decide whom it gets to trade with, and what the country trades. Countless examples of these types of incidents have arisen, along with numerous issues of water and forest conservation. With injustices visible in this multi-lateral trading system, and these problems being dealt with poorly by the WTO, it becomes obvious that this organization is a harmful force to our planet. Effects of the World Trade Organization on the Environment Environmentalists around the globe have united to visibly show resentment for the policies of the WTO, seen especially in the recent protests in Seattle and Prague. Of particular success was the protest in Seattle in 1999, where activists from all over the country converged to completely shut down the meeting, as no actual work or agreements ever were looked at. One of the very controversial topics that was to be discussed at the meeting dealt with the timber industry and the lowering of tariffs to that continue, an agreement is being rushed towards completion called the “accelerated tariff elimination.” It deals with eight separate industries, among those industries forest products, fish, and energy. With the reduction or elimination of such tariffs, efforts to capitalize within these industries would increase. Worldwide, the greatest effect would be in small LDC?s that have little or no environmental regulation to protect the forests from rapid destruction. According to Sierra Club senior trade fellow Dan Seligman, “A leaked timber industry study predicts a world wide hike in wood consumption if the forest products agreement is signed.” Thus global demand and global production of raw timber would rise, and poor countries with large forests would capitalize. These countries would most likely step up deforestation, and have no programs like the United States has for re-foresting areas that have been logged. The beauty of such areas like Tibet, where many of its thickly forested areas have already been wiped out, would recede to become a scene of destruction of a raped land. Also related to the tariff lowering agreement is the current WTO pursuit to decide the fate of recycling. This absurd measure would include provisions saying recycling is an illegal limit on the paper trade. With this measure, it would make it illegal to recycle paper, and all countries within the WTO would be forced to comply. How can a country as powerful, environmental, and conscious as the United States let an international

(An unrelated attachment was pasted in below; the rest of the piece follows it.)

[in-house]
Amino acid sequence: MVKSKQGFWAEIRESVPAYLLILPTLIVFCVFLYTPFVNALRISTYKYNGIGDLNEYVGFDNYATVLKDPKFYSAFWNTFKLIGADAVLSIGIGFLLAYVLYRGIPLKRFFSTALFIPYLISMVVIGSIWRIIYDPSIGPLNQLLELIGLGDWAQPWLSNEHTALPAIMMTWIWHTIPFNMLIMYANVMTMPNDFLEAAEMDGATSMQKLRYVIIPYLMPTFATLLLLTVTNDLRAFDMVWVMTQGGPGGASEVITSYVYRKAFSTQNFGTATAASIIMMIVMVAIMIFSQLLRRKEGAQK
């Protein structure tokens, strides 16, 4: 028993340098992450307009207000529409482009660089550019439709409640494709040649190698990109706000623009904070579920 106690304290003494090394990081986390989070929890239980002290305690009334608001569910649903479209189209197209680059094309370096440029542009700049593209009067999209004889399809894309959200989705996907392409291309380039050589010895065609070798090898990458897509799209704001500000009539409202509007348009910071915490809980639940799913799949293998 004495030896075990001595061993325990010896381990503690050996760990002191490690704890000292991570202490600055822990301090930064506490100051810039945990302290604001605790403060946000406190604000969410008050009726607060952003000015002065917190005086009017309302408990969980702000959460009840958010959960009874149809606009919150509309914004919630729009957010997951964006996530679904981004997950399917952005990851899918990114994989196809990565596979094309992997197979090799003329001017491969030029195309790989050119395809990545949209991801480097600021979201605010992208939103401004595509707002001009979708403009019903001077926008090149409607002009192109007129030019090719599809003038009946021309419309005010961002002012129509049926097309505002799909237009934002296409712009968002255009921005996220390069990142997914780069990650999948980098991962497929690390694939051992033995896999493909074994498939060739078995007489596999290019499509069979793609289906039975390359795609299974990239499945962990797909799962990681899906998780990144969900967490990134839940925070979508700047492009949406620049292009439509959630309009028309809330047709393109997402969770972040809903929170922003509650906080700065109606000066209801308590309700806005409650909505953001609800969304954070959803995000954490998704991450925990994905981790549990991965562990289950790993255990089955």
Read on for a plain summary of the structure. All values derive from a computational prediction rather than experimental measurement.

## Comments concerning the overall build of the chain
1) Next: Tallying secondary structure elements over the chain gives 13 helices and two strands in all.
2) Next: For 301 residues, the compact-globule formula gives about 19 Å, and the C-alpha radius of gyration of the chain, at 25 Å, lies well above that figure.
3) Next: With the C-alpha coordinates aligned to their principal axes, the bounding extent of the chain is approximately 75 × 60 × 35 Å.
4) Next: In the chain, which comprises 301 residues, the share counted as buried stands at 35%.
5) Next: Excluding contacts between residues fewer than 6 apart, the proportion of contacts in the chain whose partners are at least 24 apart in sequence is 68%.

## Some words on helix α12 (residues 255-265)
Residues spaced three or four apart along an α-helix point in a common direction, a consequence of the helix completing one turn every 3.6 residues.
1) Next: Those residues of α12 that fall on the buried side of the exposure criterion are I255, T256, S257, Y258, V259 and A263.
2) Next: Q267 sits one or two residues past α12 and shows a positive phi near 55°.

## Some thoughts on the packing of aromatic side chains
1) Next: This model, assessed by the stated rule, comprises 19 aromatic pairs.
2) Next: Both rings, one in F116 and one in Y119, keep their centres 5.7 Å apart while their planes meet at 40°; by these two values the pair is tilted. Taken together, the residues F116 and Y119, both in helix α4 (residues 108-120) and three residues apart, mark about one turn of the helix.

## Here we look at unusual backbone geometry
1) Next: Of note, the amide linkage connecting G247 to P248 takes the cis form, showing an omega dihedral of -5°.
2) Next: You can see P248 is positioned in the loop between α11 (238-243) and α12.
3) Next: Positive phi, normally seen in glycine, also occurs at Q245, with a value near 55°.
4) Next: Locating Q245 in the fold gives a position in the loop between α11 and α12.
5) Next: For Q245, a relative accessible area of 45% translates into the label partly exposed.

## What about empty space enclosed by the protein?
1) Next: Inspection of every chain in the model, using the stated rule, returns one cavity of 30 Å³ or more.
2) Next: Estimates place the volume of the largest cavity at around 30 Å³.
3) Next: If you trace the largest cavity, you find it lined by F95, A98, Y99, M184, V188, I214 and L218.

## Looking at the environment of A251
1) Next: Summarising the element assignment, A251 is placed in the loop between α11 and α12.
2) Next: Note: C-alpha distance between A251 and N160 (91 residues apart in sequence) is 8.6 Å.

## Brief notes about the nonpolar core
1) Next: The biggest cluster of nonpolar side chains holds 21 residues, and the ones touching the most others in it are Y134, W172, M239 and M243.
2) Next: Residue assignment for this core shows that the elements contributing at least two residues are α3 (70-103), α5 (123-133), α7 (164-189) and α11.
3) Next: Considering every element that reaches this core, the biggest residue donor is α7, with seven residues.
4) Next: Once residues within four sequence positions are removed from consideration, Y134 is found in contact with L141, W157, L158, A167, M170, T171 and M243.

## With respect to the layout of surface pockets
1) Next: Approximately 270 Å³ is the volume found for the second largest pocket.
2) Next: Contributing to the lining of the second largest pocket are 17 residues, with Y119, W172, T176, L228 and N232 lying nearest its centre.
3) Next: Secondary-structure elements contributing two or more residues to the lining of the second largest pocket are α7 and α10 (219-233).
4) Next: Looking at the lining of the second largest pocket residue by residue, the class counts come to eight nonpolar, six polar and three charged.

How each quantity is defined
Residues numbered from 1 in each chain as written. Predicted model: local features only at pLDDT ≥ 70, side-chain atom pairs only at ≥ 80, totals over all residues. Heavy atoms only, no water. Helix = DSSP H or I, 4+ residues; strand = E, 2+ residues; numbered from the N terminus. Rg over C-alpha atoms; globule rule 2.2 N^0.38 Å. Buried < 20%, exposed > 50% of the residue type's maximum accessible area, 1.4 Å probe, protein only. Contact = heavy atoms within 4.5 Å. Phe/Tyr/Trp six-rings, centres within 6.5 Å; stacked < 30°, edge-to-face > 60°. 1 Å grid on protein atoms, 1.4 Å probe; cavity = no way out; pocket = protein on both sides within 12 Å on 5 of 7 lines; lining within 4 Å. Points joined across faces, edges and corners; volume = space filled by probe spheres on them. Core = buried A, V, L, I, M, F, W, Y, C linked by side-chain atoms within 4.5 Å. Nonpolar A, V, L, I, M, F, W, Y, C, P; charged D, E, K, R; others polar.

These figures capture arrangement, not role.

organization ruled by corporations determined on raising profits for the rich tell them what they can do concerning recycling? With these types of problems already existing in the WTO, it is obvious that a change needs to be made. Non-Governmental Organizations, or NGO?s are now very active in the pursuit to encourage the WTO to consider environmental needs. Where once these groups were simply considered advocacy groups, they have matured into participants in the global struggle for environmental rights. This environmental movement has gained momentum and it is becoming obvious that big business and big government are now going to have to deal and engage with NGO?s when making public policy. Another part of trying to change policy is the education of the public, at which many of these same NGO?s have been quite successful. More and more citizens are becoming aware of the urgent problems associated with free trade. The WTO claims that it seeks to promote free trade, and I think if that is the one goal, all of us would encourage them to do so. However, free trade will be impossible in this world, given the inequalities of poor countries and the general nature of humanity. The WTO is composed of rich corporate
men and women who seek only to increase money flow worldwide. Currently they are seeking to expand control over individual governments, forcing countries to nullify laws passed which they declare to “limit trade.” It is clearly obvious that the WTO is already having detrimental effects on the environment, as seen in the example of fishing regulations in LDC?s who cannot afford to protect against unneeded deaths of endangered species. To help the problem, NGO?s have risen up all over the world to fight these deforesting promotions among other environmental concerns. Yet the WTO is fatally flawed beyond correction. A new organization is needed, one that will consider environmental concerns and not only consider whether or not a corporation will increase its wealth.